11.1.20 – 22.2.20
Hold On is an exhibition that addresses the ongoing systematisation of our emotions and behaviours under neoliberalism from a critical angle.
The philosopher Franco ‘Bifo’ Berardi uses the word “swarm” to define the tendency of individuals to act as a uniform organism whose actions are automatically shaped. Seeking to subvert this condition, the seven international artists whose works constitute this exhibition tackle a series of concerns related to how our subjectivities, relationships, virtual and physical expectations are constituted today, and how this has been tacitly altering our lives and perceptive sensibilities throughout past decades.
Hold On is both a reflection on the ethics of the encounter and a critique of language, its mediums, and neoliberal strategies of communication. The acceleration of information exchange and the pressures of semiocapitalism constantly force our actions and attitudes into a punishing cycle of productivity, focused on short term stability, not sustainability. How do we envision our future from within this system? How do we channel our energies and desires into nurturing a healthy social body, rather than perpetuating an individualist fantasy?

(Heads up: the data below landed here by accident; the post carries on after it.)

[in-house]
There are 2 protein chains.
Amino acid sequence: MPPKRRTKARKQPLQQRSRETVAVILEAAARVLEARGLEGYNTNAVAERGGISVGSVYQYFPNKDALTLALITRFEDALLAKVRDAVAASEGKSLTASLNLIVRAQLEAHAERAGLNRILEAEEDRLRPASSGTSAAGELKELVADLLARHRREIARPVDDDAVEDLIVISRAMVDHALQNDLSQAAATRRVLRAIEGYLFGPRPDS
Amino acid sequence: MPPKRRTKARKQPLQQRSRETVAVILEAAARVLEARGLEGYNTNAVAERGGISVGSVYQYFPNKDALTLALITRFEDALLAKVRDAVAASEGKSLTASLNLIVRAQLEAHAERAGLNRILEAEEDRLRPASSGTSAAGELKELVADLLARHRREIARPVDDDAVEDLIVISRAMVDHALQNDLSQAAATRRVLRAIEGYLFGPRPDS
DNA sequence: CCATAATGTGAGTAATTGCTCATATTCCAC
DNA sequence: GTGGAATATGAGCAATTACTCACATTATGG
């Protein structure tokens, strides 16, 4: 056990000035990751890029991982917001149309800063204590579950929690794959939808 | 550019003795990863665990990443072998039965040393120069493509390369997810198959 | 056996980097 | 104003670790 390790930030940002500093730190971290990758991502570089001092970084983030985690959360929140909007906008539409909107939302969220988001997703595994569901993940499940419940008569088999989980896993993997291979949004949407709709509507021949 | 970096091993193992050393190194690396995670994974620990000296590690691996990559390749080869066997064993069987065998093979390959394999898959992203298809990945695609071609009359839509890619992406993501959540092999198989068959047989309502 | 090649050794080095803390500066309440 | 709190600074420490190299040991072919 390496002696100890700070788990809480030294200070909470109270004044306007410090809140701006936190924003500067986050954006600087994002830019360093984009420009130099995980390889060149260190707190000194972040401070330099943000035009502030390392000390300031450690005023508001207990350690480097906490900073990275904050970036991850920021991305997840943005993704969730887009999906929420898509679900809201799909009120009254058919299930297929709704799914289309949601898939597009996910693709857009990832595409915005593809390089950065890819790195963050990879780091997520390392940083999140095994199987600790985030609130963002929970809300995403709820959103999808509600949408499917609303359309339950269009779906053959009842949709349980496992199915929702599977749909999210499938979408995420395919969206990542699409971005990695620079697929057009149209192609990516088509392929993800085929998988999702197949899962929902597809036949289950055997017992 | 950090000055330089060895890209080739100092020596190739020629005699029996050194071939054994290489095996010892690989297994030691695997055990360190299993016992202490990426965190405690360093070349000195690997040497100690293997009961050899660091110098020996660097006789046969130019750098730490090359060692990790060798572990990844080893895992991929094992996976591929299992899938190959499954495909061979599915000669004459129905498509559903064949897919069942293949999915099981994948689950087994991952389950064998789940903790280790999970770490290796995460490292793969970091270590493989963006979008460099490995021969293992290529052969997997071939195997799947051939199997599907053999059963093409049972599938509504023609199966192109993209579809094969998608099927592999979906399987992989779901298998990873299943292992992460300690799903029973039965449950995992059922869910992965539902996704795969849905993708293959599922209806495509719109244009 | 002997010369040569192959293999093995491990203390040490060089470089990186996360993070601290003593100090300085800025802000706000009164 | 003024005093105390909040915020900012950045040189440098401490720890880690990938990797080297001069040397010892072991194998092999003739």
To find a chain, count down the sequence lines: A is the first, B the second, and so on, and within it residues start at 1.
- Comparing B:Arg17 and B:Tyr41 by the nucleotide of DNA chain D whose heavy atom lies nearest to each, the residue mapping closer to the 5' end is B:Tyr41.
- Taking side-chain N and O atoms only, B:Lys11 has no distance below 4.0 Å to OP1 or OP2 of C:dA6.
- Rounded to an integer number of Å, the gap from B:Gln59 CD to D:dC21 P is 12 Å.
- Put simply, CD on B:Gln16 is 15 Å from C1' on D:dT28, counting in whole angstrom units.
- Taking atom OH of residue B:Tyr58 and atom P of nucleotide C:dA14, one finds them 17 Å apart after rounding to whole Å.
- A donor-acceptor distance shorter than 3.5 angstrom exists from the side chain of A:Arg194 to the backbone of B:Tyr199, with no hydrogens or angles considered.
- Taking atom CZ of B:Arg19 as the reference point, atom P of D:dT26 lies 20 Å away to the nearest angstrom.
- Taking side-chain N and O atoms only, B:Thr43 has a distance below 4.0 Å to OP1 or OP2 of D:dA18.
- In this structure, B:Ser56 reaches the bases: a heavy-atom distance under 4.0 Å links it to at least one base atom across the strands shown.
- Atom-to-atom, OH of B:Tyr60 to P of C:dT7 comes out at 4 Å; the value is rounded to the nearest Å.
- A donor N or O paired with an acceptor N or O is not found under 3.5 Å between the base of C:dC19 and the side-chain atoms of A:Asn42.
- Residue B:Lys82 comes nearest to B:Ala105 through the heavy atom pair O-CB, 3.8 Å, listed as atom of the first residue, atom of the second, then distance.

Aiming to reverse the inherently isolating demands of capitalism, these Generation Y artists and curators explore collaboration as a healing and regenerative process, wherein alternative forms of resistance can flourish. From this specific generational perspective, the viewer is encouraged to join a public dialogue and experience the gaps between the conformation of norms and their reconsideration through various aesthetic, performative, audio, video, and visual interventions in the space.Hold On explores the uses and impact of language, and the assertions which constitute our social exchanges, by unfolding the artists’ works into emotive and political discourses. Finally, through a number of mediums and approaches, the artists featured in this exhibition investigate what impacts the construction of subjectivity, its cultural value, and its political position within current power structures. When even arts spaces are contaminated by neoliberalism, we wonder if there is a way to negotiate the collective automatisation of our society through our art. Can we embrace ways of suspending the capitalist human condition? Hold On and its associated public programme are an open invitation to visitors to question and actively resist the way in which identity, feelings and life expectations are predetermined by unjust socioeconomic systems.